3. Travel shall include the costs of authorized travel for personnel identified in Part B: Administration as management (MGT) personnel and for all personnel conducting accompanied visits. Costs shall include travel required to attend safety and health conferences (subject to the restrictions in V.A.3., above), regional and national consultation meetings and professional development/training courses. Appropriate supporting details for out-of-state travel (per diem, airfare, registration fees, miscellaneous, etc.) shall be reported in the Annual Training Plan. Deviations from this plan involving out-of-state travel to courses and/or locations other than those proposed must be approved in writing by the Regional Administrator prior to the actual travel.

      4. Equipment shall include the costs of office equipment and machinery having a useful life of more than one year and a unit acquisition cost of $5,000 or more, except as defined in the Special Provisions VI.B. All equipment so defined shall be listed in the Approved Consultation Equipment Procurement Listing.

      5. Supplies shall include the costs of all tangible office property and desk-top materials other than equipment as defined in this section. List supply costs by major category.

      6. Contracts shall include the costs of contracts with all sources, whether non-state government or state government sources, for the provision of administrative support services (e.g., service contracts for maintenance of office equipment, leasing of photocopiers, fiscal services, etc.).

      7. Other shall include non-travel costs of required or approved training for management personnel (limited to tuition fees, registration fees, textbooks, course materials, etc.) and costs of all other miscellaneous administrative items which are not allocated above. These costs include but are not limited to: the proportion of rent, utilities, communications, data processing, postage, freight, etc. associated with the management of the consultation program by administrative staff.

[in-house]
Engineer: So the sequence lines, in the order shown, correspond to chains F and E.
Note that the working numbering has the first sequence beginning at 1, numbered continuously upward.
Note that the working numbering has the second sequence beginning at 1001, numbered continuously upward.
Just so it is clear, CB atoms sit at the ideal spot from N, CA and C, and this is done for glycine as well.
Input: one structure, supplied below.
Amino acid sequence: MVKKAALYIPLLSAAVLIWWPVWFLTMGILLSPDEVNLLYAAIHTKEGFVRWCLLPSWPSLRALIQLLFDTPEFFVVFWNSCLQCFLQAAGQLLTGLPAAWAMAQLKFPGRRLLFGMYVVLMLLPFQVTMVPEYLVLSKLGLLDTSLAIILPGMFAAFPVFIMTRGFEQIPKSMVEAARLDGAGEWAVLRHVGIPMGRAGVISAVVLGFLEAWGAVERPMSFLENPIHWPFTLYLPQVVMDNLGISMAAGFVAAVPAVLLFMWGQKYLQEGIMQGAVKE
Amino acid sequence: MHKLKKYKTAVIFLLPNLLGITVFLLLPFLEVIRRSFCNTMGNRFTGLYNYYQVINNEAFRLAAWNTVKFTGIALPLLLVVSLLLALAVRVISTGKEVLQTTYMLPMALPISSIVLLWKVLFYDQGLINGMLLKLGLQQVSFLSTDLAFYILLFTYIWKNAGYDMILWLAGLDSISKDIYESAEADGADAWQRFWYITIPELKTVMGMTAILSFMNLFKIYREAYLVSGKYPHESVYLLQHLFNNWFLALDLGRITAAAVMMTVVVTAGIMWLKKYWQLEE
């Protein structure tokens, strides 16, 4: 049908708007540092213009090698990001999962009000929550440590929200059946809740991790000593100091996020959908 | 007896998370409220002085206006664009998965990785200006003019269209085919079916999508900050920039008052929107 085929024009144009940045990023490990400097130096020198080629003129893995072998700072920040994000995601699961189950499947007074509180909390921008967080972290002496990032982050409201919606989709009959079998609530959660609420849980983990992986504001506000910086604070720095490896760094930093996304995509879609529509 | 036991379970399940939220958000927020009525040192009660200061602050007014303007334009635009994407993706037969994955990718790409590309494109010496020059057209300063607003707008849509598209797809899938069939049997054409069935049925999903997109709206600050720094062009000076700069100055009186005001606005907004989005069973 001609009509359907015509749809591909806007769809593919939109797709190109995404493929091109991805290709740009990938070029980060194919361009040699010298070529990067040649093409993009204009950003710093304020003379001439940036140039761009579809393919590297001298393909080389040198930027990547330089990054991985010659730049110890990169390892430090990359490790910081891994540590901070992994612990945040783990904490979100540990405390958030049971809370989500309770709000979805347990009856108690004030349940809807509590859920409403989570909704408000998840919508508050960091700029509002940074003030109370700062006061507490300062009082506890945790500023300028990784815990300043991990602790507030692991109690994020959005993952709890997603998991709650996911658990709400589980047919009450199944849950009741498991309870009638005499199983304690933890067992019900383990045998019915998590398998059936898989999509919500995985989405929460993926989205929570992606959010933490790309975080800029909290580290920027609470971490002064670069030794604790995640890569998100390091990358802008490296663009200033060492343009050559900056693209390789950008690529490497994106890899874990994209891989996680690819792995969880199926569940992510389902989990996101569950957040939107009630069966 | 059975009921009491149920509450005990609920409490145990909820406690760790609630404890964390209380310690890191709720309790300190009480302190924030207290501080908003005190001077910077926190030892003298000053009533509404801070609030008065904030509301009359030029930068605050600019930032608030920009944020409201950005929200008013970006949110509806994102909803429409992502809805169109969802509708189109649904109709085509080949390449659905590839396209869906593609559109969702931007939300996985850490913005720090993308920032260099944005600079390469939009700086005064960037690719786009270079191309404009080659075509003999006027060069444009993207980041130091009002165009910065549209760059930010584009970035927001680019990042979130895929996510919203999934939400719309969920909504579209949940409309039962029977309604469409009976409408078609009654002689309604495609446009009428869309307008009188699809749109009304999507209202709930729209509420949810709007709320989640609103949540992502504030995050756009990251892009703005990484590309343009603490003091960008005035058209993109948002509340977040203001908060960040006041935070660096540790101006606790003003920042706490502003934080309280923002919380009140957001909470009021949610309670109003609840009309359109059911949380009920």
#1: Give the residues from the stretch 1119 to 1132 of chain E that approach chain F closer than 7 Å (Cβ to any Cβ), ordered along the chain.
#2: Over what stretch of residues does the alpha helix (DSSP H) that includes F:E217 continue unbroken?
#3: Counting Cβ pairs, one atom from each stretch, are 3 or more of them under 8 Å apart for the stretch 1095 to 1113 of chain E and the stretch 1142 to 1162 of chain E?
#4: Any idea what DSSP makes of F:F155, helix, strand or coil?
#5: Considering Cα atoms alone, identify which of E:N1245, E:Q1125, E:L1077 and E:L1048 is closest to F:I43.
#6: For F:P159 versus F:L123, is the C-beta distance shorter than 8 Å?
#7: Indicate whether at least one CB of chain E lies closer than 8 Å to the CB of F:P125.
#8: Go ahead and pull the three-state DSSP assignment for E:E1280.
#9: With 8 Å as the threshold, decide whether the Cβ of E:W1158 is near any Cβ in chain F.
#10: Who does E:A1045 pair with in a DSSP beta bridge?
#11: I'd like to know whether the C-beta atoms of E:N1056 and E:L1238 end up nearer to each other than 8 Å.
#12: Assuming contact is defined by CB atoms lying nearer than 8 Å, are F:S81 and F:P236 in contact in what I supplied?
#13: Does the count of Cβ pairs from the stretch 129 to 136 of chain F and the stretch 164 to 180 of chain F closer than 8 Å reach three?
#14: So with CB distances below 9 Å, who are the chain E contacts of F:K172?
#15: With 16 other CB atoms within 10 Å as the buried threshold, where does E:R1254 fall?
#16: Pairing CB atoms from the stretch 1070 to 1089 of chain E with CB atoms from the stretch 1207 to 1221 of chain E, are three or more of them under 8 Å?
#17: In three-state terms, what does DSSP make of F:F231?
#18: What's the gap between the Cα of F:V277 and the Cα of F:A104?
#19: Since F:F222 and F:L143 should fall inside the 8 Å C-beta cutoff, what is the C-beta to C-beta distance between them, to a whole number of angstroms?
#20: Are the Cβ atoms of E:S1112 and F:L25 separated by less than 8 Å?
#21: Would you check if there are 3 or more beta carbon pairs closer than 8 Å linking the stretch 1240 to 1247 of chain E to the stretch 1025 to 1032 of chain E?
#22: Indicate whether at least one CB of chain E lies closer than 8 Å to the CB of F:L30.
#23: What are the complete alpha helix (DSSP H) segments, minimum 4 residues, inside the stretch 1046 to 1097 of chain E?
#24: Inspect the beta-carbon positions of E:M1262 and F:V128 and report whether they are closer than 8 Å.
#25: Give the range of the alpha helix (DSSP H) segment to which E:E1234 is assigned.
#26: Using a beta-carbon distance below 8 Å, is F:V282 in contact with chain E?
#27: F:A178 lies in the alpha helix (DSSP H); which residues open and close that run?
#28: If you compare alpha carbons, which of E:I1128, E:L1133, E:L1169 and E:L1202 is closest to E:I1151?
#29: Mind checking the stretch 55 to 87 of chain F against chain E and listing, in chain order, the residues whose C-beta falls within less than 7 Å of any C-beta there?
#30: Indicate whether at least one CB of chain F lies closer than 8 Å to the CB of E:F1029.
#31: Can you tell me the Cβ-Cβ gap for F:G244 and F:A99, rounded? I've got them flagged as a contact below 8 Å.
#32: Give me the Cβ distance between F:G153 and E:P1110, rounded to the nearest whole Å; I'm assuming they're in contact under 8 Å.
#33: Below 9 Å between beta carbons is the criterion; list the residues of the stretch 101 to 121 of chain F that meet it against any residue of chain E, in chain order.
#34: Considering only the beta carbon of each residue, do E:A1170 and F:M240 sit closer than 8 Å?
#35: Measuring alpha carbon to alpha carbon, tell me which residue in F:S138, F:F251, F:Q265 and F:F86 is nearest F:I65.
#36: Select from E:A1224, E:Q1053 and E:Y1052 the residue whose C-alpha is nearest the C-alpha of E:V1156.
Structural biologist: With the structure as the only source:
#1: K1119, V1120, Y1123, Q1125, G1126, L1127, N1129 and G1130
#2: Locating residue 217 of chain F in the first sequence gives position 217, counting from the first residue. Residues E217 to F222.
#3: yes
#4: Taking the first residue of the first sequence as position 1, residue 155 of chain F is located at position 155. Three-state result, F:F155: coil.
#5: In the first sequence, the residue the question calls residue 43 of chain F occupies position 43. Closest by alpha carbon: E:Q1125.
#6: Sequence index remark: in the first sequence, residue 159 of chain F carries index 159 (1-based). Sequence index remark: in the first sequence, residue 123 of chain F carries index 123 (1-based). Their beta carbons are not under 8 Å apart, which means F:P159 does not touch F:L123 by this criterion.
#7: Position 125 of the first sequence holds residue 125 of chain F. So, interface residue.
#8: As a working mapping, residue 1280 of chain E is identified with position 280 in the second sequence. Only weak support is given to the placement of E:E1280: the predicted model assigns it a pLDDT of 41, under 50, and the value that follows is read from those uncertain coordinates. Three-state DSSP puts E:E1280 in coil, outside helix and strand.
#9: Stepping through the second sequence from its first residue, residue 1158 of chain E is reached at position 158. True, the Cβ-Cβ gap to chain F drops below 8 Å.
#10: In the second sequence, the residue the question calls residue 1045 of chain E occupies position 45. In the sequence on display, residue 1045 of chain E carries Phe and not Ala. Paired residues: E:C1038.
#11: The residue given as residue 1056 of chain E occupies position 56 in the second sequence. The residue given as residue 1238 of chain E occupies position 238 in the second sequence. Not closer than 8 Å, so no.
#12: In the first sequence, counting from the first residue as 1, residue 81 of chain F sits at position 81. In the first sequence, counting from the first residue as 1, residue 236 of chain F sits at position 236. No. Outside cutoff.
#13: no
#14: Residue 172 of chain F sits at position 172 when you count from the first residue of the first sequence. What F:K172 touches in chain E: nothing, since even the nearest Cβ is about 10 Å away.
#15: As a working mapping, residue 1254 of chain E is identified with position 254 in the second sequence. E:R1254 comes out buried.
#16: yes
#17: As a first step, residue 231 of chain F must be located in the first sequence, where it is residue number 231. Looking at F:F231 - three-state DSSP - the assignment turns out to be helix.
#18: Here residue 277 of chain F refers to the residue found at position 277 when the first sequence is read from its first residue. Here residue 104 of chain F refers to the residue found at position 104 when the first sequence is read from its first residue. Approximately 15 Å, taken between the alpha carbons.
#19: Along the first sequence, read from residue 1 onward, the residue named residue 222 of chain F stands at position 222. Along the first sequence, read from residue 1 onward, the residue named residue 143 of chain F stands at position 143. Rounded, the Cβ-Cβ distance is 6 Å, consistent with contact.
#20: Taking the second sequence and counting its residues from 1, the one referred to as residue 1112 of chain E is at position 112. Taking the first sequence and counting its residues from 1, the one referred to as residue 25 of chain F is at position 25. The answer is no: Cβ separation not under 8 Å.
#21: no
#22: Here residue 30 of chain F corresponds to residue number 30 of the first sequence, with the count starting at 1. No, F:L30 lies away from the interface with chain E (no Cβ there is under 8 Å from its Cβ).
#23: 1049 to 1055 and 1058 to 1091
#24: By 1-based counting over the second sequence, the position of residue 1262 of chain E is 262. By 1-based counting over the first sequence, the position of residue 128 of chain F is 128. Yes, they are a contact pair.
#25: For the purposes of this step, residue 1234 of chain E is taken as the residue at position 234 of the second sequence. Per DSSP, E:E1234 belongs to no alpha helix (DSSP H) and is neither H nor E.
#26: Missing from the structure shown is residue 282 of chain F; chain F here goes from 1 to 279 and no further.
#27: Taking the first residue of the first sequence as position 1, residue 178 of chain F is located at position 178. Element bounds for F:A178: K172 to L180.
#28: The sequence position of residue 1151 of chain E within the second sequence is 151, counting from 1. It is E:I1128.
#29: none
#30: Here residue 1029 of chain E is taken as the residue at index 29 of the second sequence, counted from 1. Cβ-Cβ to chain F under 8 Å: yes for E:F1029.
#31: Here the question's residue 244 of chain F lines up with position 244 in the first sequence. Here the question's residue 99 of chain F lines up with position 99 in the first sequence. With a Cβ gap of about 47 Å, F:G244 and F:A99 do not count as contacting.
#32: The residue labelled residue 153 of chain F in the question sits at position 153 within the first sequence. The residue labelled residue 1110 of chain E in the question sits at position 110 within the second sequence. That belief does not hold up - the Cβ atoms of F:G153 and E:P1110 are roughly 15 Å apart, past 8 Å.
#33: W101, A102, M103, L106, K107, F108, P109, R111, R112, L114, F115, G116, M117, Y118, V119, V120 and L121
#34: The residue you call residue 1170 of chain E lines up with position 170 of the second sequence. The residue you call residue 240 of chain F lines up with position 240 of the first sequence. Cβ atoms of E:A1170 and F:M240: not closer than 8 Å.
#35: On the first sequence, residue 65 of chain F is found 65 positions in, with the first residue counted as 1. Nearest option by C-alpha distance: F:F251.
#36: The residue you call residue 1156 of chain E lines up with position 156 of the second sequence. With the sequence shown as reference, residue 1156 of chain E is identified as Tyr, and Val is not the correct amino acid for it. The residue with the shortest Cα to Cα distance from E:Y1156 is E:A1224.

8. Total Direct Charges shall consist of the total of the above costs (Items 1. through 7.) for Administration.

  6. SPECIAL PROVISIONS.

    1. A listing of approved positions is contained in the FY 2001 Supporting Details of Anticipated Costs of this agreement. Key personnel include project managers, supervisors, and consultants. Any changes in these positions must be approved by the Regional Administrator.

    2. Microcomputer equipment (hardware and software), regardless of unit cost, requires the written prior approval of FSO and must be listed in the Approved Consultation Equipment Procurement Listing (Part II, Section B).

    3. Unless a State has made special provisions for such, substantive programmatic work may not being transferred to another agency (subrecipient) under this agreement.

    4. Unless a State having a Plan approved under Section 18 of the Act has designated a State agency/facility for this purpose, the laboratory designated by OSHA to provide analysis of samples for all projects shall be:

          Wisconsin Occupational Health Laboratory
          2601 Agriculture Drive
          Madison, WI 53718
          Telephone 800-446-0403
          Fax 608-224-6213
          Contact: Mr. Terry Burk

    5. The federal cost principles applicable to this project are:

      1. Cost Principles for State and Local Governments
        (OMB Circular A-87)


      2. Cost Principles for Educational Institutions
        (OMB Circular A-21)


    6. Financial reporting forms required of all projects and their frequency of submission are:

      1. Department of Health and Human Services - Payment Management System Federal Cash Transactions Report (PMS 272), pages 1 and 2, is due in the Regional Office 30 days after the end of each federal fiscal quarter. Only signed copies of the report will be accepted and the data submitted should reflect exactly what is being reported to the Department of Health and Human Services.

      2. Financial Status Report (SF-269) is due in the Regional Office 30 days after the end of each federal fiscal quarter.

        1. Quarterly Reporting. Recipients which have accounting systems that prohibit them from meeting the Office of Management and Budget (OMB) requirements on the submission of financial reports, as outlined in this section, must have written approval from the Regional Administrator to establish an alternative schedule for submission of financial reports. The approved state specific schedule must also be submitted to the National Office for inclusion in the official file.

        2. Close-out Reporting. All agreements must be closed 90 days after the end of the performance period (generally December 31). A copy of the Financial Status Report must accompany the recipient's close-out documents.